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Fighting the Dark Thoughts I Have as a Cancer Patient

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Looking at me, I look like a regular mom. If you passed me on the street with my short, curly hair, you wouldn’t be surprised to know I am (now) a stay-at-home mom with a husband and three young kids. I have a “mom haircut” (mostly grown back to its pre-chemo length) and, most days I’m sure, dark(ish) circles under my eyes that would lead a passerby to assume they knew my story.

But they probably wouldn’t realize that two years ago I was diagnosed with an incurable type of cancer called multiple myeloma. Never heard of it? Neither had I. But two words I never before knew existed have changed my life. They hang over my head and there is literally not a single day that goes by that they don’t affect me in some way.

On the surface I keep it together. Each day I go through the usual, chaotic routine of getting my husband and our three young children out the door. Breakfasts get made, lunches packed, backpacks checked. But as the door closes behind them and the last bus pulls away, I am left with an empty house and thoughts can start to take over.

When I first was diagnosed, I thought about having cancer. All. The. Time. When a doctor walks into your room seven days after you went into the hospital with an eye infection, says you have cancer and it’s “incurable but treatable,” that’s a phrase that’s hard to shake. He told me that years ago this would have been a death sentence, but now myeloma patients live 10 to 15 years or more after their diagnosis. I know his intention was to comfort me, but now it’s hard not to feel like I have a big countdown clock over my head. Ten to 15 years may sound like a gift, having been diagnosed with a terminal illness, but to the then 42-year-old me, it sounded like the death sentence I’m confident the doctor was trying to assure me it wasn’t.

When this happens you begin to think about the future a lot. During the most random moments your mind can wander and you begin to imagine what life would be like if you weren’t around for it. I don’t say this to be negative… it’s just the new reality for many cancer patients or anyone who receives news like this. When you see me and think I’m just an average mom, what you don’t see is what’s often lurking beneath the surface. That my brain is constantly racing. That each day with my husband and kids feels like another deposit into the memory bank for our family.

You don’t know that when I would pass pictures in our house I wondered if that particular photo will be used when they pull together a picture board to remember me one day. You don’t know that when I set up passwords now I always use my husband’s usual password so he won’t have to guess what it is if I’m not here to tell it to him. You don’t know that whenever I would pass an old, adorable couple I’d wonder if my husband and I will get to be that couple. Will I get to meet my grandchildren? You don’t know that every time I read an article about another celebrity dying of cancer, I rapidly scan the article to see if they had what I have.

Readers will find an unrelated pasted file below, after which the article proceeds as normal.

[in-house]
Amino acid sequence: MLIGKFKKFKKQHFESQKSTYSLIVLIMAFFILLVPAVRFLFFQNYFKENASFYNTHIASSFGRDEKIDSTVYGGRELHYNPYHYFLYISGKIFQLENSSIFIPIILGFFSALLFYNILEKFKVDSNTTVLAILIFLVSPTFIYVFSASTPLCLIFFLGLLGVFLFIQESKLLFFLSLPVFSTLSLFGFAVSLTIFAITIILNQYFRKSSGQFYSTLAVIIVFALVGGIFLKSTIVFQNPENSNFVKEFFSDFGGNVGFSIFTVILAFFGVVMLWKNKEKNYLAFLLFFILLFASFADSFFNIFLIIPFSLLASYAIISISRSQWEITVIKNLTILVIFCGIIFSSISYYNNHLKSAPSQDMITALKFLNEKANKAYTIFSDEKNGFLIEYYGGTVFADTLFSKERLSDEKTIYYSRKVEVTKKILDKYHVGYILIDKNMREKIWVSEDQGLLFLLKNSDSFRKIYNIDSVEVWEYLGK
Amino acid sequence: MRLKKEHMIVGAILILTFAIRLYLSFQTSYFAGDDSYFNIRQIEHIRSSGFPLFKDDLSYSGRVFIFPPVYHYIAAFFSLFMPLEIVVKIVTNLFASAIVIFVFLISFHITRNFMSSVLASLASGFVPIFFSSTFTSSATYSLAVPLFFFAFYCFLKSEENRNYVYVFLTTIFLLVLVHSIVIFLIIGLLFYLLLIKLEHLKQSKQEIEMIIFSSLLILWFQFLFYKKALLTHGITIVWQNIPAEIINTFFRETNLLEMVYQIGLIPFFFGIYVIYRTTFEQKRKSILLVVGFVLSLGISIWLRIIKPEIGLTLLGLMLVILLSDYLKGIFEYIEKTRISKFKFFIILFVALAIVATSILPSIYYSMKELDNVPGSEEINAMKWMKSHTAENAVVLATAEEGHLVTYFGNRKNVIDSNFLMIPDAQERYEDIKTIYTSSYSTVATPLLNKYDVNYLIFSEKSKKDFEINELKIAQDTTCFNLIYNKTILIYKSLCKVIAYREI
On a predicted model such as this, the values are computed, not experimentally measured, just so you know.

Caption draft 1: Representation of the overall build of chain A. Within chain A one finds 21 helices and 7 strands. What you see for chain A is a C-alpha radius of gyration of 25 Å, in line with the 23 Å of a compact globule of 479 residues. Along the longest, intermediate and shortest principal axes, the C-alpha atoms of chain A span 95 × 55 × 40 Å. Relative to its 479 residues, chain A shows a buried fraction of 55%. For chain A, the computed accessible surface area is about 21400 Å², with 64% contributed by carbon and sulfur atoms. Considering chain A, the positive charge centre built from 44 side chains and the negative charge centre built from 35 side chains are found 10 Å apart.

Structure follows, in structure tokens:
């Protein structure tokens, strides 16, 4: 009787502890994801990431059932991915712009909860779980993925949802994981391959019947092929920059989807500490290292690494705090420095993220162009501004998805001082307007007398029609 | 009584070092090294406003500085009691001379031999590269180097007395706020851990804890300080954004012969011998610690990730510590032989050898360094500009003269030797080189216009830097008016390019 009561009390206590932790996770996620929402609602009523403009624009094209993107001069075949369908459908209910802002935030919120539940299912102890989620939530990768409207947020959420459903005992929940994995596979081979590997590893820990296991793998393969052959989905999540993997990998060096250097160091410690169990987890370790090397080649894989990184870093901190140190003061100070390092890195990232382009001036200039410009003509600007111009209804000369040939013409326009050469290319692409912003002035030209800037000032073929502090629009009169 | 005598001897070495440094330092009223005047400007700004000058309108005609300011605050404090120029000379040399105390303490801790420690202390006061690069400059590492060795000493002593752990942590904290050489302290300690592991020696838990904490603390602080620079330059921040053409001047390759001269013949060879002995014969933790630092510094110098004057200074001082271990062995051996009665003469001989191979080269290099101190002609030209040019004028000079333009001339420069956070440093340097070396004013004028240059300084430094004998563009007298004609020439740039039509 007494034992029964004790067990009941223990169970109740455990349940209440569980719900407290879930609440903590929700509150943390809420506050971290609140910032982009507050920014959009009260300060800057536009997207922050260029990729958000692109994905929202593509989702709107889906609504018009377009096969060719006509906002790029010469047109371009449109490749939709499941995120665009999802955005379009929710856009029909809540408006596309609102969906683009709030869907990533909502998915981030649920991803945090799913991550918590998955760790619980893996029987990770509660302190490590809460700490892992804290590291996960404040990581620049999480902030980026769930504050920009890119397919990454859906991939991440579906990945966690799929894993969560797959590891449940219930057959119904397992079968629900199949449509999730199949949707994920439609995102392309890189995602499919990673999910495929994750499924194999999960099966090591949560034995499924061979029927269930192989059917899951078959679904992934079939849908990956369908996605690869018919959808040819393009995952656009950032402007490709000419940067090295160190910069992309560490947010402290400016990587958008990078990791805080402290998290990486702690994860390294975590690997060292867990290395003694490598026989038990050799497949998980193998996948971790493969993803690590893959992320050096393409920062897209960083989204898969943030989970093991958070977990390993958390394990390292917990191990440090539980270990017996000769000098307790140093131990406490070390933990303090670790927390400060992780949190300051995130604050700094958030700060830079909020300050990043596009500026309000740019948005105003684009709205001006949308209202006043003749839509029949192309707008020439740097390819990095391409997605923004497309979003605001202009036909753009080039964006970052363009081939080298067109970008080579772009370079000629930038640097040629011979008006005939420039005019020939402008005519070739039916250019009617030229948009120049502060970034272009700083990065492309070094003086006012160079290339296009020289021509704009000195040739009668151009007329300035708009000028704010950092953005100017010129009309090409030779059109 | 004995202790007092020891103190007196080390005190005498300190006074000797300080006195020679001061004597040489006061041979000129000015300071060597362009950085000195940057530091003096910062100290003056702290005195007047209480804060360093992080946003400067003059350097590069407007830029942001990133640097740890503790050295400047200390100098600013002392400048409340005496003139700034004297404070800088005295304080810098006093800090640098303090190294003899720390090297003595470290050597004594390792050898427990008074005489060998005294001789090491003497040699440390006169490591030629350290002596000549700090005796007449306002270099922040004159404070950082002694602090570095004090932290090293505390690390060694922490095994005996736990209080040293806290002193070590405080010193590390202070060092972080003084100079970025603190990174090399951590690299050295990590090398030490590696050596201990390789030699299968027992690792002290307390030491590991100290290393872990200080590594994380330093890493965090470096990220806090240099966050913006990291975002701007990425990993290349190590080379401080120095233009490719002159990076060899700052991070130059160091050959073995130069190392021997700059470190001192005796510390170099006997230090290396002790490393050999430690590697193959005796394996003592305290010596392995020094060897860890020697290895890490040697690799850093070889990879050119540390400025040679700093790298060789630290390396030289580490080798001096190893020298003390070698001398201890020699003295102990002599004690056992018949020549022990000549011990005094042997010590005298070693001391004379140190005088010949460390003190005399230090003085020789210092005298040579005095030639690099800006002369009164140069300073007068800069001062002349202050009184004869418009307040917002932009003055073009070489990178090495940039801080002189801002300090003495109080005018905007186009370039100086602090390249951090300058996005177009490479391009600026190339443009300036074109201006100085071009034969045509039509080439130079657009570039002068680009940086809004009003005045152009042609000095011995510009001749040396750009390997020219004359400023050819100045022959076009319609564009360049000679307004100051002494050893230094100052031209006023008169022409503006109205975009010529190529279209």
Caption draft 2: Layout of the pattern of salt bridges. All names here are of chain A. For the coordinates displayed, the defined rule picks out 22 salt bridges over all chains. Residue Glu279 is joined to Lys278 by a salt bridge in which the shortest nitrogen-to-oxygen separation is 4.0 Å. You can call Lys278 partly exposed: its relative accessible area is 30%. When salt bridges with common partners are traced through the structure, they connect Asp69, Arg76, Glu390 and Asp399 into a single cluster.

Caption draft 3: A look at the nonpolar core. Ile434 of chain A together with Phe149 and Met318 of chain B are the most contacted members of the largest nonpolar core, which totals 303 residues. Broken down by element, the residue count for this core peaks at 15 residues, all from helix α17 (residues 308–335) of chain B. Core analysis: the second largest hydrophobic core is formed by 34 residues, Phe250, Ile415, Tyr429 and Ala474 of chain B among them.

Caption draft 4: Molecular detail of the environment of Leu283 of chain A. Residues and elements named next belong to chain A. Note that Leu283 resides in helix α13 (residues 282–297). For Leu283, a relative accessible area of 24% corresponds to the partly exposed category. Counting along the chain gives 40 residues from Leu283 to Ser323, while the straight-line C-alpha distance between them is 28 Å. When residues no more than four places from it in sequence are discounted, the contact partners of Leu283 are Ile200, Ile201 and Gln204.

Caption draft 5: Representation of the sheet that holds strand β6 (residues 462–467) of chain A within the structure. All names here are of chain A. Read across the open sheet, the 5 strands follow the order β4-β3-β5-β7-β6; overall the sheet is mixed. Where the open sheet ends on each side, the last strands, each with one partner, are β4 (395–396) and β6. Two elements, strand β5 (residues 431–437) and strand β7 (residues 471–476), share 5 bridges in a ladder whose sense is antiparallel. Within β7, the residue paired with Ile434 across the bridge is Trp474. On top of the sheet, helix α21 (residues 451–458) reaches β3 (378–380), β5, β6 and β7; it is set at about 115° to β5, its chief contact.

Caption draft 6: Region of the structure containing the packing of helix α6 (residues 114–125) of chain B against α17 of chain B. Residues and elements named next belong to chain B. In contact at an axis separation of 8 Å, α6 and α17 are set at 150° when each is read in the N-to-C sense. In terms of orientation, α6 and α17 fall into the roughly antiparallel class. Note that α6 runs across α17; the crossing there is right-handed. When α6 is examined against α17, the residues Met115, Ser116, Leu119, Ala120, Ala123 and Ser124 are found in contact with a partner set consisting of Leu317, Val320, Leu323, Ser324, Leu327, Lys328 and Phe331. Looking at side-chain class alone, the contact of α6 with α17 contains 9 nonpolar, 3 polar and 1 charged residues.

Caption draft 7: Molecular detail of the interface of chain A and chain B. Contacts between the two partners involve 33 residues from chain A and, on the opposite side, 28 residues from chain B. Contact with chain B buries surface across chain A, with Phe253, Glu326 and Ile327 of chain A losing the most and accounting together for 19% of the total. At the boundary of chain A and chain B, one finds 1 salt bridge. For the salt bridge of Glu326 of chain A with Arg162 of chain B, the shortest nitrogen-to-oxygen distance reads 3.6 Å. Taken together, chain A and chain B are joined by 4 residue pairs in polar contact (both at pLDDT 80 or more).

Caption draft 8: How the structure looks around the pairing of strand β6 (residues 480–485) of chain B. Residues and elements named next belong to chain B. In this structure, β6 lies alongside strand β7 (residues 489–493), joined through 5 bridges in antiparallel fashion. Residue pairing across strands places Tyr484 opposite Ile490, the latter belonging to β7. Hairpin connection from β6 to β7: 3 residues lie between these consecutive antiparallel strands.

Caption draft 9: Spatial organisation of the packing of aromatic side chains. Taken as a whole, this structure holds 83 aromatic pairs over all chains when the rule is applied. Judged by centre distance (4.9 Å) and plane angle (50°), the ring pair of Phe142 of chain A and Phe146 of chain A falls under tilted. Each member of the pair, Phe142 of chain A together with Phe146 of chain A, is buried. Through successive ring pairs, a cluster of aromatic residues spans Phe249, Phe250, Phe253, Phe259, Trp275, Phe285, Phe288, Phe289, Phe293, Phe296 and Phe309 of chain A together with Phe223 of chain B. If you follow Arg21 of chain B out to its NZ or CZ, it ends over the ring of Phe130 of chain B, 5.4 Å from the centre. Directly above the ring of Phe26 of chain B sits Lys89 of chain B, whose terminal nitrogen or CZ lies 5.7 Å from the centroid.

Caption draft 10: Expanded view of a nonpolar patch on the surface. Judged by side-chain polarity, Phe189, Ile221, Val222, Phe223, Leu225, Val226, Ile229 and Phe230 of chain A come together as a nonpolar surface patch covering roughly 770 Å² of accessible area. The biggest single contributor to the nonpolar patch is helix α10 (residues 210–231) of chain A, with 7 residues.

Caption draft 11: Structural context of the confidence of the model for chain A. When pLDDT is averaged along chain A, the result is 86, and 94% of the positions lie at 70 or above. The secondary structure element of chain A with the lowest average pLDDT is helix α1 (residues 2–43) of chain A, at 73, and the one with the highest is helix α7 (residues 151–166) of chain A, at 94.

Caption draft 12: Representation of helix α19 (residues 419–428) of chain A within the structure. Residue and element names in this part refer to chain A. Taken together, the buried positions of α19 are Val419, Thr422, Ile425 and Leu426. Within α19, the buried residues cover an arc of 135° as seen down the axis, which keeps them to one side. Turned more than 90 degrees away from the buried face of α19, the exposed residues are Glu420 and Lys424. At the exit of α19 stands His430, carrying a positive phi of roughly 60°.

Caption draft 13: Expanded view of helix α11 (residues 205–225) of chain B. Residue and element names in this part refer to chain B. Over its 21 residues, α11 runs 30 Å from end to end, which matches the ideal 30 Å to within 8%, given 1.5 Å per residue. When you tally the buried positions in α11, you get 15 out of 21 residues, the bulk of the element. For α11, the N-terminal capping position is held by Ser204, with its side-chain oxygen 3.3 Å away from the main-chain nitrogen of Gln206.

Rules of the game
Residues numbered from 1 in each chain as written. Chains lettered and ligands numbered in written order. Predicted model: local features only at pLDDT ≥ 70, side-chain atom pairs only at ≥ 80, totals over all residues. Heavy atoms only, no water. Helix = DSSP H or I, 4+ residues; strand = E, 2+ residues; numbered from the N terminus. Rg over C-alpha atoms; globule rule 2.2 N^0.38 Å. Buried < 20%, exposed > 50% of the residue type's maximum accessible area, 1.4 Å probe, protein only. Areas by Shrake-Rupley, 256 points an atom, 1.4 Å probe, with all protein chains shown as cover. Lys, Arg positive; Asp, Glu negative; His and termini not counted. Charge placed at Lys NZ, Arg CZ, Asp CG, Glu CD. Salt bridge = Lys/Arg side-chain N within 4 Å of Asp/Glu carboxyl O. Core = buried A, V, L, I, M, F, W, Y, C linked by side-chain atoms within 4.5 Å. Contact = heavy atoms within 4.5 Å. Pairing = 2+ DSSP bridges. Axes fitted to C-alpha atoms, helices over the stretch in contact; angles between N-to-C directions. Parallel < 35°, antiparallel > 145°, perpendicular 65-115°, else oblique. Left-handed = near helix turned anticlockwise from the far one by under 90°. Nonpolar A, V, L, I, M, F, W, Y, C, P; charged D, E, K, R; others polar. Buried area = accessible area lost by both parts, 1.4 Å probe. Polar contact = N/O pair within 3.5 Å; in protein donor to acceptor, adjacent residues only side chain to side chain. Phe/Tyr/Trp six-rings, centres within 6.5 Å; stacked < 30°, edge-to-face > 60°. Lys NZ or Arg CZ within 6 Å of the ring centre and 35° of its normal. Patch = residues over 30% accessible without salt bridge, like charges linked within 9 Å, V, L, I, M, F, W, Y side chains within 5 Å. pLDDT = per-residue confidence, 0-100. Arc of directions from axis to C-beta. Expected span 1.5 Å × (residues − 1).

You don’t know that I am constantly adding those 10 to 15 years to my kids’ ages and wondering what age that will make them if I’m gone. You don’t know that there isn’t a single day that goes by when I don’t worry that my time will be cut short and I won’t see major milestones in their lives. Proms, graduations, weddings. But even more importantly, everyday things too. As exhausting as bedtime can be with three young kids, I still worry about how many of these snuggles I have ahead of me.

The good news is I am in remission, which has allowed me to push these dark thoughts further and further into the recesses of my brain. I am lucky to be responding well to treatment, but myeloma, like all cancers, is a tricky disease and life in general is unpredictable.

I am optimistic that I will be here for a long, long time. I have made life-changing decisions recently that put me and my health first. Science is on my side with cancer innovations coming fast and furiously. That said, I just wish I could shut my brain down. Wave some magic wand that takes all the bad thoughts away. The good news is this has gotten better over time. Each day I am further away from my initial diagnosis, I think about these things less and less. I don’t feel like I am always waiting for the other shoe to drop.

Most of the time I try to turn my thoughts into a positive. I try to take that “you only live once” attitude and challenge or allow myself to do things I might not have otherwise done. But some days my mind still goes to dark places. If you have a friend or family member with cancer – or any illness for that matter – who seems distracted or preoccupied, give them the benefit of the doubt. You never know what’s on their mind. Generally speaking, I have tried to have a positive outlook since that fateful day. But every once in a while dark thoughts creep in. I work hard to sweep them away, sometimes more quickly and more successfully than others. During those times I grab a kid for a big snuggle and shake the doom and gloom thinking from my head. And it usually works.

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Thinkstock photo via lekcej.

Originally published: March 2, 2017
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